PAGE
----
NOTE TO JOURNALISTS: The Physiological Bioenergetics: Mitochondria from Bench to Bedside conference will be held in San Diego, August 27–30, 2017. Read the full program. To schedule an interview with the conference organizers or presenters, contact the APS Communications Office or call 301-634-7209. Find more research highlights in the APS Press Room.

Physiology is the study of how molecules, cells, tissues and organs function in health and disease. Established in 1887, the American Physiological Society (APS) was the first U.S. society in the biomedical sciences field. The Society represents more than 10,500 members and publishes 15 peer-reviewed journals with a worldwide readership.



Heat Could Aid the Treatment of Cancer, Organ Transplant and Autoimmune Diseases

Released August 29, 2017 - Heat therapy may be a promising treatment in the fight against cancer, autoimmune problems and efforts to avoid organ rejection in transplant patients, according to researchers at the University of Kentucky. The research team exposed colorectal cancer cells and T-cells to temperatures lower and higher than normal body temperatures to observe the effects of temperature change on cellular energy production. They found that heat exposure can slow cancer cell growth and activate T-cells to fight infection. They will present their findings at the Physiological Bioenergetics: Mitochondria from Bench to Bedside conference in San Diego.

Leading Experts Explore the Clinical, Translational Applications of Mitochondria

Released August 22, 2017 - Cross-disciplinary experts who study the mitochondria will convene at the APS “Physiological Bioenergetics: Mitochondria from Bench to Bedside” conference August 27–30 in San Diego. “While mitochondria are traditionally known as the powerhouse of the cell, accumulating studies demonstrate that the shape, movement and function of these organelles control much more in the cell beyond energy levels,” Sruti Shiva, PhD, researcher at the University of Pittsburgh and chair of the conference organizing committee, said.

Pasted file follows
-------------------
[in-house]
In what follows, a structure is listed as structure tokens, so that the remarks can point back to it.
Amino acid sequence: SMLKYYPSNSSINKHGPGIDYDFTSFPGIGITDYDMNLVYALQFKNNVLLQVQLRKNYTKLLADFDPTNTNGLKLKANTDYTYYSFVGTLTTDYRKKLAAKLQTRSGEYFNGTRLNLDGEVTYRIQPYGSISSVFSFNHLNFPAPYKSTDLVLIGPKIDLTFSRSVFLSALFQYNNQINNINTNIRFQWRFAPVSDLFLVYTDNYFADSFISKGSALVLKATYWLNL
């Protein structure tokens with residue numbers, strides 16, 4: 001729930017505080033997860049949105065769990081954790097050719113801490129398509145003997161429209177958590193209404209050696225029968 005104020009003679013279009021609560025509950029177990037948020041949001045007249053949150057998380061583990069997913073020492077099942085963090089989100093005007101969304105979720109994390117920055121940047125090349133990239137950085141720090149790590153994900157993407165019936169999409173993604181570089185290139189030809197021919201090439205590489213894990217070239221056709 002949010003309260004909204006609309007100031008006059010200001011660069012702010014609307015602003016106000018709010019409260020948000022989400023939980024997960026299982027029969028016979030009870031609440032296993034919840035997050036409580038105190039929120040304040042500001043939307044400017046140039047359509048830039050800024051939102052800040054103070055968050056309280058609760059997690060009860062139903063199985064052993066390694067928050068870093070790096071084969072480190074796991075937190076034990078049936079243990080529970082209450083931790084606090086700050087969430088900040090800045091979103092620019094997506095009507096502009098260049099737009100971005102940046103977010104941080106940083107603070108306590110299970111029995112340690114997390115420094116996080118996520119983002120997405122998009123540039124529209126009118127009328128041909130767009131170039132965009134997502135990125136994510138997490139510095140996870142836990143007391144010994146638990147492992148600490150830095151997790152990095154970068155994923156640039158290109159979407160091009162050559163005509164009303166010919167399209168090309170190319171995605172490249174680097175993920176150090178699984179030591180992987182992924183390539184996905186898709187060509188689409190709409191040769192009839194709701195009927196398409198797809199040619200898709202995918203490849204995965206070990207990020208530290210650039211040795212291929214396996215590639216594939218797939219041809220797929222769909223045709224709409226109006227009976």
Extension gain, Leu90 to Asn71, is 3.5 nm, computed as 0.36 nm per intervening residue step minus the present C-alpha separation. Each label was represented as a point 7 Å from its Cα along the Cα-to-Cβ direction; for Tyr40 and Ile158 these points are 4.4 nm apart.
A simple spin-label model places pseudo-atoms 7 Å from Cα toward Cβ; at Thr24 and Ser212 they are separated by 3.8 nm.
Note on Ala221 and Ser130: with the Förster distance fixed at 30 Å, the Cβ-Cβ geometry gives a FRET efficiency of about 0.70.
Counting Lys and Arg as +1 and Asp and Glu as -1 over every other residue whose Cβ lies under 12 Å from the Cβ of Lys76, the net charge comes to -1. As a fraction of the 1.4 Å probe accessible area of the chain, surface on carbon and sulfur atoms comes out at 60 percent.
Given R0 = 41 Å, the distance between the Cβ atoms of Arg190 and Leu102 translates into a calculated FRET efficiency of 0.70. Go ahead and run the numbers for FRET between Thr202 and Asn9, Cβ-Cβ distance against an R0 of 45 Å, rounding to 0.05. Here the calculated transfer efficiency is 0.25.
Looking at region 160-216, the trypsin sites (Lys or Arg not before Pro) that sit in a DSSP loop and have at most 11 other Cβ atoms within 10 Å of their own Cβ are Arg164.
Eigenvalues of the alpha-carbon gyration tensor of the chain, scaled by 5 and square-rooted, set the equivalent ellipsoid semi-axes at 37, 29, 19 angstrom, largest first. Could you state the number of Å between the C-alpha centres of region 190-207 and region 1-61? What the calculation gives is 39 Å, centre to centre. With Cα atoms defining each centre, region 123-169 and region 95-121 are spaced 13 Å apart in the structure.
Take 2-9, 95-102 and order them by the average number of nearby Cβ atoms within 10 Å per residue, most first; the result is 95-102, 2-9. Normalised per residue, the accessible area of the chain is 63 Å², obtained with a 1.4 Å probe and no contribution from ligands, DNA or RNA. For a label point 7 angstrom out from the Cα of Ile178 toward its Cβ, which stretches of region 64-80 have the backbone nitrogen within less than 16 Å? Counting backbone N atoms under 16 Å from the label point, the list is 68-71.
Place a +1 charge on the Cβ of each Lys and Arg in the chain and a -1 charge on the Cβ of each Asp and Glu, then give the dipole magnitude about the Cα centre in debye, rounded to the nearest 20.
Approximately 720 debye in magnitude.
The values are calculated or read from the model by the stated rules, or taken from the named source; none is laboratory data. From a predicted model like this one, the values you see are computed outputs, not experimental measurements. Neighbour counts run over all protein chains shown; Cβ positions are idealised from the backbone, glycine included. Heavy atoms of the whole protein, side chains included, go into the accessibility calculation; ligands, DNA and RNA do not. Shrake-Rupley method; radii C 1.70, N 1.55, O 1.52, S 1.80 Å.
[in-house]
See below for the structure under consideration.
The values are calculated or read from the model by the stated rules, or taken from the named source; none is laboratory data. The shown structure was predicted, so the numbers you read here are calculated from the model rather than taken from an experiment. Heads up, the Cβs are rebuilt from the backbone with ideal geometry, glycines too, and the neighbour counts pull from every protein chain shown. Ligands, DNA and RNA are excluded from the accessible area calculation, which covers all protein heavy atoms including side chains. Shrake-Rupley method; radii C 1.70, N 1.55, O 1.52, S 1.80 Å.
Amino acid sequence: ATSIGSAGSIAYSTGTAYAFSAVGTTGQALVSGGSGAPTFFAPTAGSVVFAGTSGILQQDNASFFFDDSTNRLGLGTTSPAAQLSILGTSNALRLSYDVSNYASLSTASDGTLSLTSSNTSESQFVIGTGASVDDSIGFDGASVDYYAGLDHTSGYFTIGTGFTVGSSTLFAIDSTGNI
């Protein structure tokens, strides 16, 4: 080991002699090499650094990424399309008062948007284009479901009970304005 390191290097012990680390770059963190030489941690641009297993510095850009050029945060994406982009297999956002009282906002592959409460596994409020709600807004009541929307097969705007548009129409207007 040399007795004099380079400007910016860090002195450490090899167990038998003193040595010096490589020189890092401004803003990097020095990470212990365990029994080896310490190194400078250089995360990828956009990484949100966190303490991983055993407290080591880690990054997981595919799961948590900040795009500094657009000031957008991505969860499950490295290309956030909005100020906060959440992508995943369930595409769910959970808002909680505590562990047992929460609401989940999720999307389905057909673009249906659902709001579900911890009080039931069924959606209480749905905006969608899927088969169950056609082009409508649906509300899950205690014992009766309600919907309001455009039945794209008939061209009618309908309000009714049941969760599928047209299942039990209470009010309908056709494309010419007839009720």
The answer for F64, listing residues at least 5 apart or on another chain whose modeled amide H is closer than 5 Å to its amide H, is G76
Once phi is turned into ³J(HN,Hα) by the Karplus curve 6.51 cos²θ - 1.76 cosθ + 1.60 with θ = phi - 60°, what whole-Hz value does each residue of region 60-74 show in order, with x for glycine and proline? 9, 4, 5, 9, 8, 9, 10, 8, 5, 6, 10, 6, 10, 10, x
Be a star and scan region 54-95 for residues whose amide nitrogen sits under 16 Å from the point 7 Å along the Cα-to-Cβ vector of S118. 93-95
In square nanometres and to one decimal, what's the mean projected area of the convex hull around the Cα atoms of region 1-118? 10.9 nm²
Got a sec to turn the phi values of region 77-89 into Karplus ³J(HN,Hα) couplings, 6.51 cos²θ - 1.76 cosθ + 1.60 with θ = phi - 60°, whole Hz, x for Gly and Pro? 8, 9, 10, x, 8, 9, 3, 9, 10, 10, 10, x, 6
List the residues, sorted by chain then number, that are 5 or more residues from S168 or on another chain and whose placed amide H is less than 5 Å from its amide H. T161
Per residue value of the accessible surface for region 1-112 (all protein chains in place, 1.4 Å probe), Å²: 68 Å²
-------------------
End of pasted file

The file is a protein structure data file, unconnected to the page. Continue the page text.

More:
Mom’s, Not Dad’s, Mitochondria Create Healthy Embryos

Released August 28, 2017 - Mammal embryos shed paternal mitochondria within days of fertilization, perhaps to ensure the offspring a healthy life, a new study shows. Researchers from the California Institute of Technology will present their findings today at the Physiological Bioenergetics: Mitochondria from Bench to Bedside conference in San Diego.

Calorie Reduction + Exercise = Better Muscle Function in Older Adults

Released August 28, 2017 - Improved muscle performance starts with better mitochondrial function. Older adults who are overweight may improve their muscle function with a weight loss program that combines exercise and calorie reduction, according to researchers from Florida Hospital, who present their findings today at the Physiological Bioenergetics: Mitochondria from Bench to Bedside conference in San Diego.